It is extremely common for the injector wiring harness to chafe over time. This can cause a number of issues if the wires become exposed, including a no-start or rough running, lack of power situation. The associated trouble codes will usually reveal which injector(s) are affected and will relate to an "open circuit" condition. Example: "Injector circuit open, cylinder 7". To relieve this problem, the wiring harness (or affected portion of the harness) will need to be replaced/repaired. Often, you can verify the problem by wiggling the wires around the injector. If the problem goes away (even momentarily), you've identified the affected zone.
Glow Plug Failure/Concerns
Glow plug failure was a concern on the model year LBZ and LLY Duramax models, but the problem should have been long corrected for owners of these years. The concern was that the glow plug module would over cycle the glow plugs, creating a scenario in which the tip of the glow plug could actually deform and/or break off in the engine. In such an instance, catastrophic engine damage could (and likely would) occur. GM identified the problem and has reprogrammed the glow plug module to eliminate this risk.
Aluminum Cylinder Heads
The truth of the matter is that there are no concerns regarding the aluminum cylinder heads on any generation of the L Duramax. With over 1,, Duramax engines on the road today, the aluminum cylinder head design has yet to be identified (with any credibility) as an inherent problem for Duramax owners. The concept of aluminum cylinder heads on a diesel engine, which is subjected to relatively high cylinder pressures, is more worrisome than the reality. The head bolt design has proved sufficient in preventing the cylinder heads from lifting under the conditions they are subjected to (at stock power levels). In fact, the Duramax is no longer the only engine featuring aluminum cylinder heads; Ford's L Power Stroke also utilizes the lighter material and their design has proven equally reliable. When the Duramax was first introduced, many were skeptical about the aluminum cylinder heads, but there is no need to worry.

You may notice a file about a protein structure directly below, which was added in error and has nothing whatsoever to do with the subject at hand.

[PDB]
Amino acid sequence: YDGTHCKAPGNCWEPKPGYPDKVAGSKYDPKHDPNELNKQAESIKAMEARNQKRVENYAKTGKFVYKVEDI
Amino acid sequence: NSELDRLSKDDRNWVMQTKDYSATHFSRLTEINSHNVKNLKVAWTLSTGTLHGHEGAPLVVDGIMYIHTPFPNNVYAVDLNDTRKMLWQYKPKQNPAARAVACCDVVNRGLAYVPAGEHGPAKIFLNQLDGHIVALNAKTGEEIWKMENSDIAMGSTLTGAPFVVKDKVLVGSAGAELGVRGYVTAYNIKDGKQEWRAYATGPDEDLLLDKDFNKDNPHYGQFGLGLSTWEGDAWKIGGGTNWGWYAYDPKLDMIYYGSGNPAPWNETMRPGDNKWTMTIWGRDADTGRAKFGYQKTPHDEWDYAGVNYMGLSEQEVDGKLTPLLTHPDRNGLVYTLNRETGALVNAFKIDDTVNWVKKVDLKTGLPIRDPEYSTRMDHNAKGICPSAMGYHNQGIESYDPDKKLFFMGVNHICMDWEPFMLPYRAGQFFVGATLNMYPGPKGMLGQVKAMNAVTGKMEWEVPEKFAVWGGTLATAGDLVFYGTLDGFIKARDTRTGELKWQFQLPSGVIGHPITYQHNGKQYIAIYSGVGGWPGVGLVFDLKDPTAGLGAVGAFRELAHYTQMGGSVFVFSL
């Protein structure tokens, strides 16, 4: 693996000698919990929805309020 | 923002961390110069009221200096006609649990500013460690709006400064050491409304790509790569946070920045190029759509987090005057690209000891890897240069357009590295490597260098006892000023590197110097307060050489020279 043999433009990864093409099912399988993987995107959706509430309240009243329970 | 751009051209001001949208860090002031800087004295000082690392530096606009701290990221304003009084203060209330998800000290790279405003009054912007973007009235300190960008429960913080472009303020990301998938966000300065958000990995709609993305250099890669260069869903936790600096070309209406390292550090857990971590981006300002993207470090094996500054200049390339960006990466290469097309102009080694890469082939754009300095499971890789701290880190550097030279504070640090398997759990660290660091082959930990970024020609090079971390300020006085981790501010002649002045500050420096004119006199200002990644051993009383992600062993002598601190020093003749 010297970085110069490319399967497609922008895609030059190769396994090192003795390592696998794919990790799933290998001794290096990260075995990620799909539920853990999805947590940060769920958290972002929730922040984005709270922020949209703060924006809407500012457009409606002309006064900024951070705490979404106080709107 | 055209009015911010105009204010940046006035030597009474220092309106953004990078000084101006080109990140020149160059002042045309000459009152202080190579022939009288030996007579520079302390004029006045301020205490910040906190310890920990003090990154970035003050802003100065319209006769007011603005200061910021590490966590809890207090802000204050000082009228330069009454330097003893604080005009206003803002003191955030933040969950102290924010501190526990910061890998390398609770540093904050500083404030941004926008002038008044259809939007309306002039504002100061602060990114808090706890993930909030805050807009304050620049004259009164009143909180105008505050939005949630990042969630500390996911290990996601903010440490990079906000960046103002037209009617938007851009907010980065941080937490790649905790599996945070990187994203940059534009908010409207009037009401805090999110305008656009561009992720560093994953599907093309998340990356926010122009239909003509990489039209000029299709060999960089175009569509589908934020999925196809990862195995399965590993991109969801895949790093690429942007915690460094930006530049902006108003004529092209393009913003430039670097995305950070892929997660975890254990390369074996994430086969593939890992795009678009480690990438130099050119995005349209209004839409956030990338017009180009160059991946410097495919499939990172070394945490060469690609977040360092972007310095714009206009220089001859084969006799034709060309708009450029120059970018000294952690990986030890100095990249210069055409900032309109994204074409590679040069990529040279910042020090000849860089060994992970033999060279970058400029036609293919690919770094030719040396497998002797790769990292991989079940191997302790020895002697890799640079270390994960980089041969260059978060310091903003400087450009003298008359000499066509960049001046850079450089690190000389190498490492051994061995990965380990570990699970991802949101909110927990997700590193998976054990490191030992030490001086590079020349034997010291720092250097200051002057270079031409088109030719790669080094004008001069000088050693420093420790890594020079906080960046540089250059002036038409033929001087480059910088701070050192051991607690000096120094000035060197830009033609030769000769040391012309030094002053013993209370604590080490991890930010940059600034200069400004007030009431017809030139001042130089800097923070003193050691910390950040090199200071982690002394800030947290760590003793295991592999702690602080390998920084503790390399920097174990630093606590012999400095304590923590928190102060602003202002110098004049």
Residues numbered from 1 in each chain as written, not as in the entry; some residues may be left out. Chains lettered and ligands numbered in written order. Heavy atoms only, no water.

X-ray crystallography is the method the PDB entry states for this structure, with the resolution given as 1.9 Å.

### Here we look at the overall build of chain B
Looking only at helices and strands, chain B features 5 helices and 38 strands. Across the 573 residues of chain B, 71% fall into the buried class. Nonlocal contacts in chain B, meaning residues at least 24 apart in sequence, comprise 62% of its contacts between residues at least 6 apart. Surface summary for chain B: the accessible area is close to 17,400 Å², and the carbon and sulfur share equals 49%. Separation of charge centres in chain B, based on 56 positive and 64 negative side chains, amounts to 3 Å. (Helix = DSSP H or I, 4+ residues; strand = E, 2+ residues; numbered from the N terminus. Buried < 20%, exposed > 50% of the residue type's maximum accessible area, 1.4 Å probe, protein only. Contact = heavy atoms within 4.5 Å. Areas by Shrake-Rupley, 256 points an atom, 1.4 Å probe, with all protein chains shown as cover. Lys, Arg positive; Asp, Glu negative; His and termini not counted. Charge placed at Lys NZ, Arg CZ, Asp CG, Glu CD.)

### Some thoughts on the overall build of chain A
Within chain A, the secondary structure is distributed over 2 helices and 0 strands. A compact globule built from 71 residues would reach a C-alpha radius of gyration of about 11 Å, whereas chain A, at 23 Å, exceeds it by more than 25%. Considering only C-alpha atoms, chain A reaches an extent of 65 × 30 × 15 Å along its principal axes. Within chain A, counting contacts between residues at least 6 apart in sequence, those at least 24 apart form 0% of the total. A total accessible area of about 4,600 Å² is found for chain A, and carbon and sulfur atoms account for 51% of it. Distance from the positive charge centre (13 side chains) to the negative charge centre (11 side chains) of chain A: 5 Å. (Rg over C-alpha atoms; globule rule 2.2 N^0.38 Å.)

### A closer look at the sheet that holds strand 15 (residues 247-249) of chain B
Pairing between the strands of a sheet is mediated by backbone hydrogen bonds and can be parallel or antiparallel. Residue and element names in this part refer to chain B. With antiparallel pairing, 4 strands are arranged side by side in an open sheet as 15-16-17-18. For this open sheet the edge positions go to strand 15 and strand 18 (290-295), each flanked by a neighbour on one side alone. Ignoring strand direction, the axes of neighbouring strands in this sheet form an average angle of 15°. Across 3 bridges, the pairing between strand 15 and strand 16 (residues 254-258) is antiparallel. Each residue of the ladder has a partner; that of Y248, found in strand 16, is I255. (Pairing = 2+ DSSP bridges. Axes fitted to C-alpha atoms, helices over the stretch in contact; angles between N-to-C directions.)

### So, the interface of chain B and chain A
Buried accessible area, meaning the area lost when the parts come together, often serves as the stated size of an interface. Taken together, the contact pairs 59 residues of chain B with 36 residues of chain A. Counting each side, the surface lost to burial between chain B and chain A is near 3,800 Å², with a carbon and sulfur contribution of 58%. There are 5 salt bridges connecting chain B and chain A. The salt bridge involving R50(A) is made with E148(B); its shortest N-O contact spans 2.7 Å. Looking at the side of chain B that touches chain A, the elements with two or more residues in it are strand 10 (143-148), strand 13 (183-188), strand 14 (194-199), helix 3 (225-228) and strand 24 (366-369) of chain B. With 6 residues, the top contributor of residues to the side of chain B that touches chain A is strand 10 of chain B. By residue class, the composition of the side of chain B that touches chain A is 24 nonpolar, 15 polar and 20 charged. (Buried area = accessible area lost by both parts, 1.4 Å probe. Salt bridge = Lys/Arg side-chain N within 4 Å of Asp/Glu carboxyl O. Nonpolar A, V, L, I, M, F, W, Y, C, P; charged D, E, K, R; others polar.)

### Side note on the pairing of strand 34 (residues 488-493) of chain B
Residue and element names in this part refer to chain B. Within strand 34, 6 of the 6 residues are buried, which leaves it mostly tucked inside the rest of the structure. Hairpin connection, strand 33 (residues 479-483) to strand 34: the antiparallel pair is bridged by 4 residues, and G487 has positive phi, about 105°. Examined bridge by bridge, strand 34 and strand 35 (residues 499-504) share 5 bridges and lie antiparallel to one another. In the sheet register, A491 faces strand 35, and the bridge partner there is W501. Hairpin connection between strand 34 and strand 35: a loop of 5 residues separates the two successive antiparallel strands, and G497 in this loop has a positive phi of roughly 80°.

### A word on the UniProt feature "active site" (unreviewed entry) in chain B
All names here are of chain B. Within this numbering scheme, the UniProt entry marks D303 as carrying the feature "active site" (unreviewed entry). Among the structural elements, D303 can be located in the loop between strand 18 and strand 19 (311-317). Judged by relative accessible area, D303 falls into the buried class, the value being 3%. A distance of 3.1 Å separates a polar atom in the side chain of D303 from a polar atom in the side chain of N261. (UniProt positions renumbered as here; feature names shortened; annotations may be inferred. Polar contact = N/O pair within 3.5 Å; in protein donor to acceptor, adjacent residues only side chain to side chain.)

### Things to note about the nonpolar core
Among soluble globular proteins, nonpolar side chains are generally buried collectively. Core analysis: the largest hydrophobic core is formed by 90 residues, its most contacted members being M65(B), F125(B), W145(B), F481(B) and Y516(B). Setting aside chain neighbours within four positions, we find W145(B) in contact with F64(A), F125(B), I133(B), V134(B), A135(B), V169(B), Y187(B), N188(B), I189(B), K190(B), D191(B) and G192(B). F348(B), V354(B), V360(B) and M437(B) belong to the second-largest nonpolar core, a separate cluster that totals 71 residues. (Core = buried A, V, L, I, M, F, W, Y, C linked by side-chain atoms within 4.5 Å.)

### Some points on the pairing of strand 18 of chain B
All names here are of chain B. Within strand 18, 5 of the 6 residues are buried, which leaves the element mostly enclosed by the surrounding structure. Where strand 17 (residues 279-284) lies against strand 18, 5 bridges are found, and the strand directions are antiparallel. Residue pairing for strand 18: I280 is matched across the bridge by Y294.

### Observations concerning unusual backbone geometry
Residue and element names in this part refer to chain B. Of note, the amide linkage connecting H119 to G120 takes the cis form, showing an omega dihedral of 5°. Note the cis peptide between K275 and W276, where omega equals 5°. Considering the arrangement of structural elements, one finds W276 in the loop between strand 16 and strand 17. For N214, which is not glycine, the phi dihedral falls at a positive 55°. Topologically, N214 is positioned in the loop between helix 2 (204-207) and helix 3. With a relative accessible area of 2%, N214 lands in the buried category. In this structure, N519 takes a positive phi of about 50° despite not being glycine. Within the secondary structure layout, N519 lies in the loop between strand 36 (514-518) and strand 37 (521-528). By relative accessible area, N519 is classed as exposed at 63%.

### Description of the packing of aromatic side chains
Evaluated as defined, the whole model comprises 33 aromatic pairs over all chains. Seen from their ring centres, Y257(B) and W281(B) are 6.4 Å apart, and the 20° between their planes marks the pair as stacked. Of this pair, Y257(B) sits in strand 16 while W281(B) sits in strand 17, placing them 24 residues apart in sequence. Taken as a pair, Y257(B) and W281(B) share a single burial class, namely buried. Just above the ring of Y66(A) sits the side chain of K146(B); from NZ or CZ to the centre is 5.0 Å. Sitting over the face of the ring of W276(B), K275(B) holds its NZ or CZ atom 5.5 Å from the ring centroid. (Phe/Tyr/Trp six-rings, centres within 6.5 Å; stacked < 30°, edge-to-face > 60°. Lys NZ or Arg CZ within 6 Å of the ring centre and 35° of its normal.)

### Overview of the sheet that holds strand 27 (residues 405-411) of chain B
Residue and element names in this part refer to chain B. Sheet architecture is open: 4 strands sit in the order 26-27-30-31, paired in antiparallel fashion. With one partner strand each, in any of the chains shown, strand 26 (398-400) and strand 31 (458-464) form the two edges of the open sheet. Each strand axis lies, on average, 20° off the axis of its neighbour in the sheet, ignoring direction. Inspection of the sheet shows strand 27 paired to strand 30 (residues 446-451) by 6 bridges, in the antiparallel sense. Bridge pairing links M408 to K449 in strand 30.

PCV Design - Turbocharger Oil Ingestion
The Duramax PCV design vents the crankcase pressure into the intake. As a byproduct of the process, engine oil is introduced into the turbocharger. Over time, this engine oil coats the inside of the intercooler and intercooler tubing. The primary concern is that large quantities of oil settle in the intercooler boots, causing them to rapidly degrade. There are several aftermarket products on the market that reroute the PCV line so that it vents into the atmosphere rather than into the intake, and a number of "DIY" methods of remedying the problem.
Allison Transmission Limp Mode
The Allison 's limp mode feature is a safeguard against catastrophic transmission failure. In reality, it's less than ideal for many situations. When the Allison transmission senses an abnormal amount of slip in the transmission, it enters limp mode. While in limp mode, the transmission will lock in 3rd gear, the torque converter will remain unlocked, and the transmission will not be able to operate in reverse. It's great to have such a fail safe, but in many instances the limp mode is activated when it's not entirely necessary. It usually occurs under heavy load (such as towing, down shifting to pass, etc), and is extremely common in tuned trucks (even a mild performance increase can cause enough slippage to trigger limp mode). There is concern that the transmission could slip in high gear and be forced into 3rd gear suddenly, causing a spike in engine speed. To take the transmission out of limp mode, clear the engine trouble codes using a scan tool. Some owners have also suggested that turning the engine off and cycling the key to the on position several times will take the transmission out of limp mode. If your transmission experienced limp mode, it's likely on the verge of needing a rebuild in the near future and should not be ignored.
LML DEF/SCR System Woes
The Duramax LML was introduced for the model year featuring the most sophisticated emissions system yet. The latest additions included the selective catalyst reduction (SCR) system, which requires a constant supply of diesel exhaust fluid (DEF) to inhibit the reaction that converts nitrous oxides into more impregnable compounds. The system relies on various sensors plumbed into the exhaust system in order to accurately control the injection of DEF into the catalyst. Not particularly surprising, the new system proved littered with problems, most of which would be ironed out by the production of the model year engines. By far and large, the most common problem was the reoccurring failure of one of the systems two NOx sensors. Additional problems included DEF level sensors, DEF pumps, and DEF tank heaters (which often allowed DEF to freeze in extremely cold environments). Owners of model year trucks may or may not be covered by an extended warranty on NOx sensors, as the widespread frequency of problems prompted GM to increase the warranty period for these parts for what they consider "affected trucks".